CliffsNotes on Dante’s Divine Comedy: Purgatorio

CliffsNotes on Dante’s Divine Comedy: Purgatorio

CliffsNotes on Dante’s Divine Comedy: Purgatorio

CliffsNotes on Dante’s Divine Comedy: Purgatorio



Dante’s Life

Dante’s World

Dante’s Minor Works

The Divine Comedy


General Synopsis

Summaries and Commentaries

Critical Essays

Selected List of Characters

Review Questions and Essay Topics

Selected Bibliography


The story of the Divine Comedy is simple: One day Dante finds himself lost in a dark wood; but Virgil appears, rescues him from that savage place, and guides him to a contemplation of Hell and Purgatory. Then, having confessed his faults, and with Beatrice as his guide, he is conducted into Paradise and attains a glimpse of the face of God.

Dante gave the title of Comedy to his masterpiece because the word indicated a pleasant or (as Dante himself put it) a “prosperous” ending after a “horrible” beginning. Dante used the humble lowly language “which even women can understand,” rather than the sublime language of tragedy. The adjective “divine” was added to the title later, apparently by an editor some time in the sixteenth century.

The Divine Comedy is distinctly a product of medieval times. Its view of the universe is the Ptolemaic view; its social setting that of the jealous, warring city-states of Italy, and of the powerful, arrogant, and feuding aristocrats and the political factions which supported them. Over all were the contesting powers of a fading empire and a grasping papacy.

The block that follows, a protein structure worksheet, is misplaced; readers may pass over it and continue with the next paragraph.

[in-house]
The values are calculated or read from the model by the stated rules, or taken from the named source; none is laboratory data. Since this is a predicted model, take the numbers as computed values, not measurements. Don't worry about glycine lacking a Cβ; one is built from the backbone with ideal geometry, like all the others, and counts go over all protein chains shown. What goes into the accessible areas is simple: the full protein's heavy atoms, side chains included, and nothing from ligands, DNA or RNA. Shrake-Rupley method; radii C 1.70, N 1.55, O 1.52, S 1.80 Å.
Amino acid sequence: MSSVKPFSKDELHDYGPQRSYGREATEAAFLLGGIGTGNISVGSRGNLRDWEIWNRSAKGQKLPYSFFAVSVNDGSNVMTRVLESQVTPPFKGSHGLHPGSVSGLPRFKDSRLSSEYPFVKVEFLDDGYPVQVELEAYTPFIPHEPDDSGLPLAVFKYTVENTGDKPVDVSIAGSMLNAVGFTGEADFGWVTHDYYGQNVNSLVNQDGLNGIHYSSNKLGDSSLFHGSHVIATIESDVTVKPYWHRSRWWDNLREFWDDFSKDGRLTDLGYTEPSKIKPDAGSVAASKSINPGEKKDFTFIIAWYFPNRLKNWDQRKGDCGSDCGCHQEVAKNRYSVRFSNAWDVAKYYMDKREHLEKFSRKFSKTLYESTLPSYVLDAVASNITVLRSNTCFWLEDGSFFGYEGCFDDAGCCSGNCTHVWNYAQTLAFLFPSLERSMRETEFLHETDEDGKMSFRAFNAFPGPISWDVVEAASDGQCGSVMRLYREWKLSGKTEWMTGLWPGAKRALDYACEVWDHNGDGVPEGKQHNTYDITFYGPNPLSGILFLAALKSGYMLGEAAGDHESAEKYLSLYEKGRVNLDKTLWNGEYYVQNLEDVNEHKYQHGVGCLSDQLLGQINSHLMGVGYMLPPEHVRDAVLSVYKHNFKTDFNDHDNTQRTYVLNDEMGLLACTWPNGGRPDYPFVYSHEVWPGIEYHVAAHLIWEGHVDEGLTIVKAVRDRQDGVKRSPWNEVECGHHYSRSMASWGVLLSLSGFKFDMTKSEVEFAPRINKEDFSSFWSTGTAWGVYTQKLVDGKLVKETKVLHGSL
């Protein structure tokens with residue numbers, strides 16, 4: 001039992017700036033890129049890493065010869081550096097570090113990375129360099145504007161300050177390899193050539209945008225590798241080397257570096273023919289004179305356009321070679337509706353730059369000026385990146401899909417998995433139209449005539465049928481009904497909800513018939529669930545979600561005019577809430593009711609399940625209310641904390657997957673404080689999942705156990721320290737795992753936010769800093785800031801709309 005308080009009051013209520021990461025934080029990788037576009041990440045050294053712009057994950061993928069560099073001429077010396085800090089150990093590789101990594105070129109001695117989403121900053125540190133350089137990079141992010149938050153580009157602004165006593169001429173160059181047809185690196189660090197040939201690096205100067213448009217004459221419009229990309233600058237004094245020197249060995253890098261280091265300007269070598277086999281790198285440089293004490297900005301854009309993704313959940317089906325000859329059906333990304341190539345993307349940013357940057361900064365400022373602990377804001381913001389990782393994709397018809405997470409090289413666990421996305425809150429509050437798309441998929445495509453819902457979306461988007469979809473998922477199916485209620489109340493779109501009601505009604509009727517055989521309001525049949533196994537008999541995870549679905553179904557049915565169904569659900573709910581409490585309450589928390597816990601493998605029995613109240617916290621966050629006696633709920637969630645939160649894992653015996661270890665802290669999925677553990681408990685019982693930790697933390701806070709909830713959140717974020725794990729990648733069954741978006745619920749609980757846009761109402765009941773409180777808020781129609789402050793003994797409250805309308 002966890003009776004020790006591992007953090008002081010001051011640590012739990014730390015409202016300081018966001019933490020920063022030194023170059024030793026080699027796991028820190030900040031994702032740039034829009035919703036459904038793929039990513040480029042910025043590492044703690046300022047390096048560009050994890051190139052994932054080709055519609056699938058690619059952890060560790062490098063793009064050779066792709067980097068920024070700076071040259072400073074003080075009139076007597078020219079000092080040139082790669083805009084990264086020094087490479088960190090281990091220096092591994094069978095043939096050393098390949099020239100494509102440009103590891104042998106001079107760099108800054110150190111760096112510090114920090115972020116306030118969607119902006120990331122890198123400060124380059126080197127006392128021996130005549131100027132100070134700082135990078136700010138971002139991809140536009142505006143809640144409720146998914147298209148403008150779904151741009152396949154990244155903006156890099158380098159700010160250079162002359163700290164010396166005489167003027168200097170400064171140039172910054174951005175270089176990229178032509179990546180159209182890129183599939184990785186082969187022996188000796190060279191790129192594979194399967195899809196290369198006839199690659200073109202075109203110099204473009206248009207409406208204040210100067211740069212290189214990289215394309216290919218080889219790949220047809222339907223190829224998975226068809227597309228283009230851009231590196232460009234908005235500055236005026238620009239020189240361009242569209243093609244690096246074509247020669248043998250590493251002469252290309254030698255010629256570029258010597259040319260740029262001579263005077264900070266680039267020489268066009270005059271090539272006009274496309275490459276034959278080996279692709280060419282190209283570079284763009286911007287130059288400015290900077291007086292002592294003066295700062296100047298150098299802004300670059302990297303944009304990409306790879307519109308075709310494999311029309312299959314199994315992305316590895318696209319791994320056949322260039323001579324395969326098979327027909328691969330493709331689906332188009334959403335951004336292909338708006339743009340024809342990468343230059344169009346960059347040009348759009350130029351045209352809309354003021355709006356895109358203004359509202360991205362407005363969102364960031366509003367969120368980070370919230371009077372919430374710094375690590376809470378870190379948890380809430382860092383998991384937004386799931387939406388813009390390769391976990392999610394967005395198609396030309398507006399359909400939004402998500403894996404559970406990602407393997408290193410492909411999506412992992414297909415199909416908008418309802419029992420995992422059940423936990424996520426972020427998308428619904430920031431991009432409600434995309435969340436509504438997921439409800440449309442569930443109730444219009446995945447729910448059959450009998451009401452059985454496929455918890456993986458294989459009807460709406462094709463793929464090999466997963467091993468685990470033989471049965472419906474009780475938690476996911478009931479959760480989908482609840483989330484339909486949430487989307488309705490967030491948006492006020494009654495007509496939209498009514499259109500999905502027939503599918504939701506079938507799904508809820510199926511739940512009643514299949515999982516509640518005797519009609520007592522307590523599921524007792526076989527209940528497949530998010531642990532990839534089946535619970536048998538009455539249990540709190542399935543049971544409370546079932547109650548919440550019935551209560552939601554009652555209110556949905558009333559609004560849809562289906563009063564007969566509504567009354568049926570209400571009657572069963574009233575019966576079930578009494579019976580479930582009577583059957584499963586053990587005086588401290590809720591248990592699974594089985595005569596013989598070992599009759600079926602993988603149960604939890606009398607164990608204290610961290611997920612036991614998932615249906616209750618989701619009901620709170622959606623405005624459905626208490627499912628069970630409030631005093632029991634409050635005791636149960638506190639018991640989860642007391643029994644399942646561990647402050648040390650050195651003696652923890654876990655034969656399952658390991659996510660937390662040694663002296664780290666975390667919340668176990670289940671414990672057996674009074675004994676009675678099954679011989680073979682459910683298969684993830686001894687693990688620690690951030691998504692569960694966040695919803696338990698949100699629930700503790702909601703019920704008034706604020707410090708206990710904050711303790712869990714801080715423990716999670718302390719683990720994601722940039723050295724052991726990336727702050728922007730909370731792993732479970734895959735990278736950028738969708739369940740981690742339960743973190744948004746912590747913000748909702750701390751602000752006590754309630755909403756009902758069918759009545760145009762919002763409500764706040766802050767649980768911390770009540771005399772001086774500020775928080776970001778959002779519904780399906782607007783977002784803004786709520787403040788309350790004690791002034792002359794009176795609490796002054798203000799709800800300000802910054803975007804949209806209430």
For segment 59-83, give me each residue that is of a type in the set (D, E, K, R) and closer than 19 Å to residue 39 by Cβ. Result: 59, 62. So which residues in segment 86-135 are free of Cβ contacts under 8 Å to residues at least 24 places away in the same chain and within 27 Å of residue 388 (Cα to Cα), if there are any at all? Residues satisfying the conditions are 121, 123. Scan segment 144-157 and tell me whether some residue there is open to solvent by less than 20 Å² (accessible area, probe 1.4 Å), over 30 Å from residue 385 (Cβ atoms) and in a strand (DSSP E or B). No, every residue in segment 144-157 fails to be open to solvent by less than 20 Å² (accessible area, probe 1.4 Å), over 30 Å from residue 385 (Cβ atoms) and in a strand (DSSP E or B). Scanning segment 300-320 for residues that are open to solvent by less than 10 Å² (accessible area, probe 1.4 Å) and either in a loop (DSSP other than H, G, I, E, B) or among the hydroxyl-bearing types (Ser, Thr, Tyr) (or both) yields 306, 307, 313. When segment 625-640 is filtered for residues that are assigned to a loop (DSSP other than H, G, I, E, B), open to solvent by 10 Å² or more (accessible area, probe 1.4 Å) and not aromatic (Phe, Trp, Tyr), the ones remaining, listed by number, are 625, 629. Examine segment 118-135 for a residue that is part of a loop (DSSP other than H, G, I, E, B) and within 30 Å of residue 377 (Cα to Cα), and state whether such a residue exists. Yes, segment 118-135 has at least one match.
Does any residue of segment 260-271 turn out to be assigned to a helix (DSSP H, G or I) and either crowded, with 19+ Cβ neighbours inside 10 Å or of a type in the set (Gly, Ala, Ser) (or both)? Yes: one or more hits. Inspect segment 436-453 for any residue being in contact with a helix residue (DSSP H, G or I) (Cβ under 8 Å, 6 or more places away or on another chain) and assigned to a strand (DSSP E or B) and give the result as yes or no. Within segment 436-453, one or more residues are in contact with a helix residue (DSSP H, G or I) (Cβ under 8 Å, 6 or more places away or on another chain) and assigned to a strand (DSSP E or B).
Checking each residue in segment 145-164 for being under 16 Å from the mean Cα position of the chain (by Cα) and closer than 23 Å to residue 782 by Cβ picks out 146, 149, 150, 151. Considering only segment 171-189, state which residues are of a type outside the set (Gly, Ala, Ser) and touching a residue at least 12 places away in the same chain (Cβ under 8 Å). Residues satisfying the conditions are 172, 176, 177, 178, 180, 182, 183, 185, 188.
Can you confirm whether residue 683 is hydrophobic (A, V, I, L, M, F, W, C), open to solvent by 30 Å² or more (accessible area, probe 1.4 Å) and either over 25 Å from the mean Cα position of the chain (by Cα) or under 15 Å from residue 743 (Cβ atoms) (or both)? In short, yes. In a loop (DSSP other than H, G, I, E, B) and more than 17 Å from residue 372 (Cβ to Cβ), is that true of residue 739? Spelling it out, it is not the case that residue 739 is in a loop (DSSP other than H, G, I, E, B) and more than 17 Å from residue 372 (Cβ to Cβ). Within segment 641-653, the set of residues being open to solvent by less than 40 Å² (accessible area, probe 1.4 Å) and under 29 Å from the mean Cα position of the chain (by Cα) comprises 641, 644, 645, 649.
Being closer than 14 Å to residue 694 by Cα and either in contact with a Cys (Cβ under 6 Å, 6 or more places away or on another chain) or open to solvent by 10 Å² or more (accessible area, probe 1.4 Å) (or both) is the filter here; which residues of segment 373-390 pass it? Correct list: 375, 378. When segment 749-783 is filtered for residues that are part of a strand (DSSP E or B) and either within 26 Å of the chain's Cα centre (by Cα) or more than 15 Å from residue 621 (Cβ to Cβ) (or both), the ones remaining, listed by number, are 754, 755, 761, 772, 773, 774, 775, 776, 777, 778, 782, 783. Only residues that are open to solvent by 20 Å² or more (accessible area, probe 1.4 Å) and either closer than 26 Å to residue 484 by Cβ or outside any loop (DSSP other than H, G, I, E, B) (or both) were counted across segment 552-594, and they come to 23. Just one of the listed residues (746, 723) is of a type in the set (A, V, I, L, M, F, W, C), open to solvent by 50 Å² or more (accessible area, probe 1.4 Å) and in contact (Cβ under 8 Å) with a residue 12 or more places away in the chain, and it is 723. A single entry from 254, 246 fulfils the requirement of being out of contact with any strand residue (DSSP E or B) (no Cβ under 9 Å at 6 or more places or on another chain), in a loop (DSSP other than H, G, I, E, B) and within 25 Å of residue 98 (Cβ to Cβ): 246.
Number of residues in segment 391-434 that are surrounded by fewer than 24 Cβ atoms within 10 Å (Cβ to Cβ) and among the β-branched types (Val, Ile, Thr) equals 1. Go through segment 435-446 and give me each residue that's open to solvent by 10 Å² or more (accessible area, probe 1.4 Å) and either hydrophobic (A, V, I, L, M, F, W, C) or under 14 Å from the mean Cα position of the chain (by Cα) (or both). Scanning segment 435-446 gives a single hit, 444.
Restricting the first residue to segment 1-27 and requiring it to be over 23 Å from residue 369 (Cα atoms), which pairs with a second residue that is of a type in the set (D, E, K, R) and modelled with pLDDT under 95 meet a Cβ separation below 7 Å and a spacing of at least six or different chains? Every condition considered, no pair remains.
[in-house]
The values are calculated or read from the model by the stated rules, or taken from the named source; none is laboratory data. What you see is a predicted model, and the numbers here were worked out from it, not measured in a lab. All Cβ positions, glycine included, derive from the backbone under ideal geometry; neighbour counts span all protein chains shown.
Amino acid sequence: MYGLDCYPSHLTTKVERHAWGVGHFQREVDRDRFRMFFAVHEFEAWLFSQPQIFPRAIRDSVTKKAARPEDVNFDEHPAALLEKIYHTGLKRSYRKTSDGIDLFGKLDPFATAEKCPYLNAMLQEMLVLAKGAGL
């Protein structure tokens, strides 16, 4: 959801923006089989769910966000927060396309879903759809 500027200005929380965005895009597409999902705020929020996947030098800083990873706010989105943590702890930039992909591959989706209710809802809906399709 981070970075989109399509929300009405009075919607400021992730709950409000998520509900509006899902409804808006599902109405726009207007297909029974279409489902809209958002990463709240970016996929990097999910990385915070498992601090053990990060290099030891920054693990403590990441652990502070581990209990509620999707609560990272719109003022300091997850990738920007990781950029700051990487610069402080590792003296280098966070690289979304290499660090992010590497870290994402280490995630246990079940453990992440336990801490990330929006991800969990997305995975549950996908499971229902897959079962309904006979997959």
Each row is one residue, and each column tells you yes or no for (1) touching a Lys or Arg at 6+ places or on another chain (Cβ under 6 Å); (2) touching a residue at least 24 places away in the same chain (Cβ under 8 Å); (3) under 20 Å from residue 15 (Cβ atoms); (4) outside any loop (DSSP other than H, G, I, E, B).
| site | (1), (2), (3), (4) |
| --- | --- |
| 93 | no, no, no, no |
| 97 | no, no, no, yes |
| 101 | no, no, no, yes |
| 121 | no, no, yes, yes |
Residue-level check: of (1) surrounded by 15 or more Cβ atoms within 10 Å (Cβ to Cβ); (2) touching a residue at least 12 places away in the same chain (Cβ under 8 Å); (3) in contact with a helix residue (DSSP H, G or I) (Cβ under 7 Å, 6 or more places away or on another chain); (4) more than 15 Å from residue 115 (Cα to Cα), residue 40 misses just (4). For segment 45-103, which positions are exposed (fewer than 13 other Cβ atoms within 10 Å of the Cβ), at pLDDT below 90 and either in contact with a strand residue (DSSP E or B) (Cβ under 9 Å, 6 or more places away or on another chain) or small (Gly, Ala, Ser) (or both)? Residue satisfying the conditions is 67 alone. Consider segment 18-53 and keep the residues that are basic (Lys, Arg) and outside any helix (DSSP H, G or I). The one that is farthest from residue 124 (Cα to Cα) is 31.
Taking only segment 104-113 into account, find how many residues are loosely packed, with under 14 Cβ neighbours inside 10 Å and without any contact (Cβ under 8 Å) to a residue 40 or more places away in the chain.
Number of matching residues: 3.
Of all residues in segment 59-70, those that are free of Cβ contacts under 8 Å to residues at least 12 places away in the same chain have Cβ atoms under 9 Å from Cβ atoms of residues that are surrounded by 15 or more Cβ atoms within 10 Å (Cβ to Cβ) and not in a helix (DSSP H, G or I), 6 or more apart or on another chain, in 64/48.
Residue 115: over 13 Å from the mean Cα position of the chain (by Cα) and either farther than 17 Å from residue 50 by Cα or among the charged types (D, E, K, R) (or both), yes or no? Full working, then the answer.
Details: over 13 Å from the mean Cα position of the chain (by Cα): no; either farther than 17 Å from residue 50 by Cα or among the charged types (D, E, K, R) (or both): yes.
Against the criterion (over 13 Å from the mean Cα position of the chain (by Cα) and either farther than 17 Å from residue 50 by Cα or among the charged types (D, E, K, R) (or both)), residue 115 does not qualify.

In attempting understanding, one may become so entangled in the complexities of the Comedy and its environment that one loses sight of Dante the man. And it was Dante, the man of his times, who wrote the Divine Comedy—a man whose lifelong devotion to the figure of Beatrice was in the highest tradition of courtly love; whose political feuds were first with the party of the opposition, then with factions within his own party, until he formed a party of his own; a man who believed firmly in alchemy and astrology, in witchcraft and spells; and finally, an intensely human man, with fierce hatreds and loyalties, with no little vanity, with pity, and with love.

The date of the composition of the Divine Comedy is uncertain, but undoubtedly the poem was written during Dante’s exile. Even here there is some disagreement, for there is a tradition which insists that the first seven cantos were written before he was banished from Florence. The predominant opinion is that it was begun around 1307; the setting of the poem is the year 1300. There is some evidence that the Inferno had been completed and circulated before 1314, and that the Purgatorio followed very soon after. The Paradiso was completed shortly . . .

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